The Amazon river is at its lowest level in 40 years in north-eastern Peru, causing severe economic disruption in a region where it is the main transport route.
At least six large boats are stranded near the port city of Iquitos.
Peru's national meteorological office said the low water level is the result of a prolonged spell of dry weather.
The BBC reports the river is expected to fall further before the rainy season begins next month.
Iquitos and other towns in Peru's rainforest region have no road links to the rest of the country, and depend on the Amazon and its tributaries for transport.
Food and other supplies are now being brought in by smaller boats that can navigate the shallow channels.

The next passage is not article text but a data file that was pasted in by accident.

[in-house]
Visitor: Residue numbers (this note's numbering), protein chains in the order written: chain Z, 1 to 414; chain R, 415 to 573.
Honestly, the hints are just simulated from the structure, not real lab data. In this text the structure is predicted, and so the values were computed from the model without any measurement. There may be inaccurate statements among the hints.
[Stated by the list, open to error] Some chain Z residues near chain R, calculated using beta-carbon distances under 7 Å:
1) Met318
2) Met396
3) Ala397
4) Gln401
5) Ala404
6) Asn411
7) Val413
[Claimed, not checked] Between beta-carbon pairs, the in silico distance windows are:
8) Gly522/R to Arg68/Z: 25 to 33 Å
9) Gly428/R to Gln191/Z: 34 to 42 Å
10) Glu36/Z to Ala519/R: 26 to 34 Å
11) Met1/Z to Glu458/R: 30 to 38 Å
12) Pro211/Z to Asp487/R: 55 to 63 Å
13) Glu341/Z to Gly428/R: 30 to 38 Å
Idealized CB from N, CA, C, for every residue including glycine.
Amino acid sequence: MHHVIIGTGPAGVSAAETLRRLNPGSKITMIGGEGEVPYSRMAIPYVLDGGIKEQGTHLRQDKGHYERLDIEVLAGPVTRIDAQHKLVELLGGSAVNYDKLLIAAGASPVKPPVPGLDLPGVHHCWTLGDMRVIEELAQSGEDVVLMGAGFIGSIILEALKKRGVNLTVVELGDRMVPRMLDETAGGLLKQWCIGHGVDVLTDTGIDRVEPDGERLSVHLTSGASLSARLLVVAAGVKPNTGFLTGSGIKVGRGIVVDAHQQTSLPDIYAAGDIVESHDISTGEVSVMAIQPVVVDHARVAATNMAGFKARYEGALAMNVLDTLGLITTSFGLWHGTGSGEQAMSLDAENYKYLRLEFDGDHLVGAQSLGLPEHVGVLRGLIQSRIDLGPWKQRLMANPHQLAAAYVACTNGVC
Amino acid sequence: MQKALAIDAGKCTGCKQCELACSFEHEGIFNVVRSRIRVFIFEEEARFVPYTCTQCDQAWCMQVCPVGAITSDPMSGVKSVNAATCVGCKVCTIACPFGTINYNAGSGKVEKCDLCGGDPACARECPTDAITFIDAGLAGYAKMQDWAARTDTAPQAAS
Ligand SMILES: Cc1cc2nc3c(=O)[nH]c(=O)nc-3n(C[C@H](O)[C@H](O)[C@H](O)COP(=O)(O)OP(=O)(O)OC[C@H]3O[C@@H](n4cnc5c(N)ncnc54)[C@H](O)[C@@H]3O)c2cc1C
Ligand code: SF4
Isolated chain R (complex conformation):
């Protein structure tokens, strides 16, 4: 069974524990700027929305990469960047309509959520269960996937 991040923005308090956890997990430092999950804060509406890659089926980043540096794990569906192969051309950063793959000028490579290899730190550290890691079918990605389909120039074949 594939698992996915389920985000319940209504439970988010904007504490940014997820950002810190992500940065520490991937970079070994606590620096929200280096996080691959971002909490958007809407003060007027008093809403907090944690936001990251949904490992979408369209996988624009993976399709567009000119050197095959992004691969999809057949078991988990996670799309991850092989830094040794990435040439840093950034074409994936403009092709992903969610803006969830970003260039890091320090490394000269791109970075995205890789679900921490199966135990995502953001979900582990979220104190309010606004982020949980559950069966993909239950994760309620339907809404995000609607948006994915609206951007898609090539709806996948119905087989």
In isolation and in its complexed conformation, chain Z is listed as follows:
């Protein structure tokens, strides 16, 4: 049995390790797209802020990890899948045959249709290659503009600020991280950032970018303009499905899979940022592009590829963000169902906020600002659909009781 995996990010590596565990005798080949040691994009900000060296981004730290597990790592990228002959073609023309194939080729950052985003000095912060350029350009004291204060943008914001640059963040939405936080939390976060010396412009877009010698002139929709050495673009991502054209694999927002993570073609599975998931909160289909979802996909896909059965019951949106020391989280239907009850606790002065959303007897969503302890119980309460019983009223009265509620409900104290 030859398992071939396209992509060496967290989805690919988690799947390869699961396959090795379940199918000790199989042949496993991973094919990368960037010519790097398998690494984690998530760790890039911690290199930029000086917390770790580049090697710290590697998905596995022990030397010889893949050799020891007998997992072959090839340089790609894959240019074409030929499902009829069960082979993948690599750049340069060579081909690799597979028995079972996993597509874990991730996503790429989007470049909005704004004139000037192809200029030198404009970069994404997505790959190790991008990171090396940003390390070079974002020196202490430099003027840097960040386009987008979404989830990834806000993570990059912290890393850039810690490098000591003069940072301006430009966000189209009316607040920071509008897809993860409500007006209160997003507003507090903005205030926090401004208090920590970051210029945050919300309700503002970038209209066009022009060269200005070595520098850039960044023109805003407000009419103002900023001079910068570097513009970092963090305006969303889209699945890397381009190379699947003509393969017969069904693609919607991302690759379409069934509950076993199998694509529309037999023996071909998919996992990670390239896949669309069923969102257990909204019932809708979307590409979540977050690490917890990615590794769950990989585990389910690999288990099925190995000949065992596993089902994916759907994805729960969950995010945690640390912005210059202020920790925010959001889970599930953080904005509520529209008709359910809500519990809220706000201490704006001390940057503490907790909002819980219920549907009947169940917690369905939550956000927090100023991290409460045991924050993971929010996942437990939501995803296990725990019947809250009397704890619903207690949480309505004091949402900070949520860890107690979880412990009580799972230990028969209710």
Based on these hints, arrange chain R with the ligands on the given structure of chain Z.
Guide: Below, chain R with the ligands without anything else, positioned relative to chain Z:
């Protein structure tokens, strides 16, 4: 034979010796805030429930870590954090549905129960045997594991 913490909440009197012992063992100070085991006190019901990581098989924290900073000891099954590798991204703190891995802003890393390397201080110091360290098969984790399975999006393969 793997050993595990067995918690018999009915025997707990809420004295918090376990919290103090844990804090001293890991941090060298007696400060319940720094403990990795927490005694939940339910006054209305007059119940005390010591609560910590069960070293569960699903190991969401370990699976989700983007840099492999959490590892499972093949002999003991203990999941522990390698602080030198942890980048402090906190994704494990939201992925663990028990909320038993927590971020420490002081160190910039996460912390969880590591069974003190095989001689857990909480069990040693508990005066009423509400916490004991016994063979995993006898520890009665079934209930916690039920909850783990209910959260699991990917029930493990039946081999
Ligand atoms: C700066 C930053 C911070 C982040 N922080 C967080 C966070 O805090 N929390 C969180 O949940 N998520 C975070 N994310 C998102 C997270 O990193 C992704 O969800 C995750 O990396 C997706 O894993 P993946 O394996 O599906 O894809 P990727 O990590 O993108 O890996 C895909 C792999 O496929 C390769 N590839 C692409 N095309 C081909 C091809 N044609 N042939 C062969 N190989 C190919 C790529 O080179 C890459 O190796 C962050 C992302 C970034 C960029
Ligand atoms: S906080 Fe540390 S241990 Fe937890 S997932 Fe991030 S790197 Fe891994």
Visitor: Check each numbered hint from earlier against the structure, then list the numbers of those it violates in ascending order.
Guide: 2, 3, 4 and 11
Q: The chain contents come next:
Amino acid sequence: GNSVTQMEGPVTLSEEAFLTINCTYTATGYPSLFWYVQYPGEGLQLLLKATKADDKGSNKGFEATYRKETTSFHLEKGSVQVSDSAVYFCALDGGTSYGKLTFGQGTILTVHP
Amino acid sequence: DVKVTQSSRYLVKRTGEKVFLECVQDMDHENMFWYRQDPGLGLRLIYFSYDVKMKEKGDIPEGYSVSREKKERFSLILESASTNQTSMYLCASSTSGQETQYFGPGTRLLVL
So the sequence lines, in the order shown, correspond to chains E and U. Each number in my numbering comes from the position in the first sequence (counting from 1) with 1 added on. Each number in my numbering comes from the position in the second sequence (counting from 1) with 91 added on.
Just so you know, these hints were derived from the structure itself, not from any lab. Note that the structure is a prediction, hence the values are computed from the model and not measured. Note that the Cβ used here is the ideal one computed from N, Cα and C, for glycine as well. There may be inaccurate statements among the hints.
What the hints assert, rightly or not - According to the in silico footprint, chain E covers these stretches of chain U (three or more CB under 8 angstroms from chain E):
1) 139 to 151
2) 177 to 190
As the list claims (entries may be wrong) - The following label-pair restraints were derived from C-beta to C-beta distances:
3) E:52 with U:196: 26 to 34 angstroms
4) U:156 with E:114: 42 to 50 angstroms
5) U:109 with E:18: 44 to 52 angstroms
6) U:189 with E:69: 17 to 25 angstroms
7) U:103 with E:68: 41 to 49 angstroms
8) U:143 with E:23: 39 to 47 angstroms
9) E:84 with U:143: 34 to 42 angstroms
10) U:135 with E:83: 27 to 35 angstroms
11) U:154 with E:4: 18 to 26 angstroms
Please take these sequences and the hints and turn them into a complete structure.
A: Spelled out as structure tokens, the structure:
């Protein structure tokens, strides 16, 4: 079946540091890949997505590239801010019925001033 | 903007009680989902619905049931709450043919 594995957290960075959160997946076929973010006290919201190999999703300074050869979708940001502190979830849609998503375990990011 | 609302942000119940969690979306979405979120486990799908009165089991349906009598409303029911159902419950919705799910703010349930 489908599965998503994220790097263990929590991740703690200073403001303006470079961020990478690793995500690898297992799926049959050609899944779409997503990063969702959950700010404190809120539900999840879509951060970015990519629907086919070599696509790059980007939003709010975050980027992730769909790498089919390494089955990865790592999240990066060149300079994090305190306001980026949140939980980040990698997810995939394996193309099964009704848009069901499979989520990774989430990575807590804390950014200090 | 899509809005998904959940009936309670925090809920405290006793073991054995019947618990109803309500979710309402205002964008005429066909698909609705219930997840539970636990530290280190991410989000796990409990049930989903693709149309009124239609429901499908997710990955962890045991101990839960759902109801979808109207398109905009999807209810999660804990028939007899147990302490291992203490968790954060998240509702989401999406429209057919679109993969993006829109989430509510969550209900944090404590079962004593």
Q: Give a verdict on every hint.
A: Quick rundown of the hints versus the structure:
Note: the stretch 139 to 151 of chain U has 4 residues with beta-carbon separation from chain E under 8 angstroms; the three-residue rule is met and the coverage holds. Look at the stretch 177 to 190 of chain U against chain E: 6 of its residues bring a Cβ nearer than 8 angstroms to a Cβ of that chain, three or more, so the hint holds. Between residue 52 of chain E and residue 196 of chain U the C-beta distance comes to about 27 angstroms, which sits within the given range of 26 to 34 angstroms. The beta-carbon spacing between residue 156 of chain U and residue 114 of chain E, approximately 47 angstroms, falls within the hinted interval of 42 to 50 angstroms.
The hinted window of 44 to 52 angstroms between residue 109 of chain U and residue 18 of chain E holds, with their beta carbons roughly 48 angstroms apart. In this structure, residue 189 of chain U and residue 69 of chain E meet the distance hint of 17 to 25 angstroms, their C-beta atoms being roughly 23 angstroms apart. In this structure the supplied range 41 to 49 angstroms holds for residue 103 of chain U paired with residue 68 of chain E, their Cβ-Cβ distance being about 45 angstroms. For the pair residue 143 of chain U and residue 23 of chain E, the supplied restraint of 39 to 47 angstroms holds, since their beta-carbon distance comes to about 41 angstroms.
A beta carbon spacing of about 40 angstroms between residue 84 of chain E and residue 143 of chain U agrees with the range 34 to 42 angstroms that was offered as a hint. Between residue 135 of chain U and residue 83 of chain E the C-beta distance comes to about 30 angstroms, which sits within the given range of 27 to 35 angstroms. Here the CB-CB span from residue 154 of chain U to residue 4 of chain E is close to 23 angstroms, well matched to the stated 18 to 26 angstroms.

But the BBC reports these journeys take up to twice as long and the cost is much higher.
Officials said river level in Iquitos have fallen to 106 metres above sea level, 50cm lower than the previous record set in 2005.
Iquitos, the biggest city in the Peruvian Amazon, is more than 3000km from the mouth of the river in Brazil.
The Amazon is the world's second-longest river, after the Nile.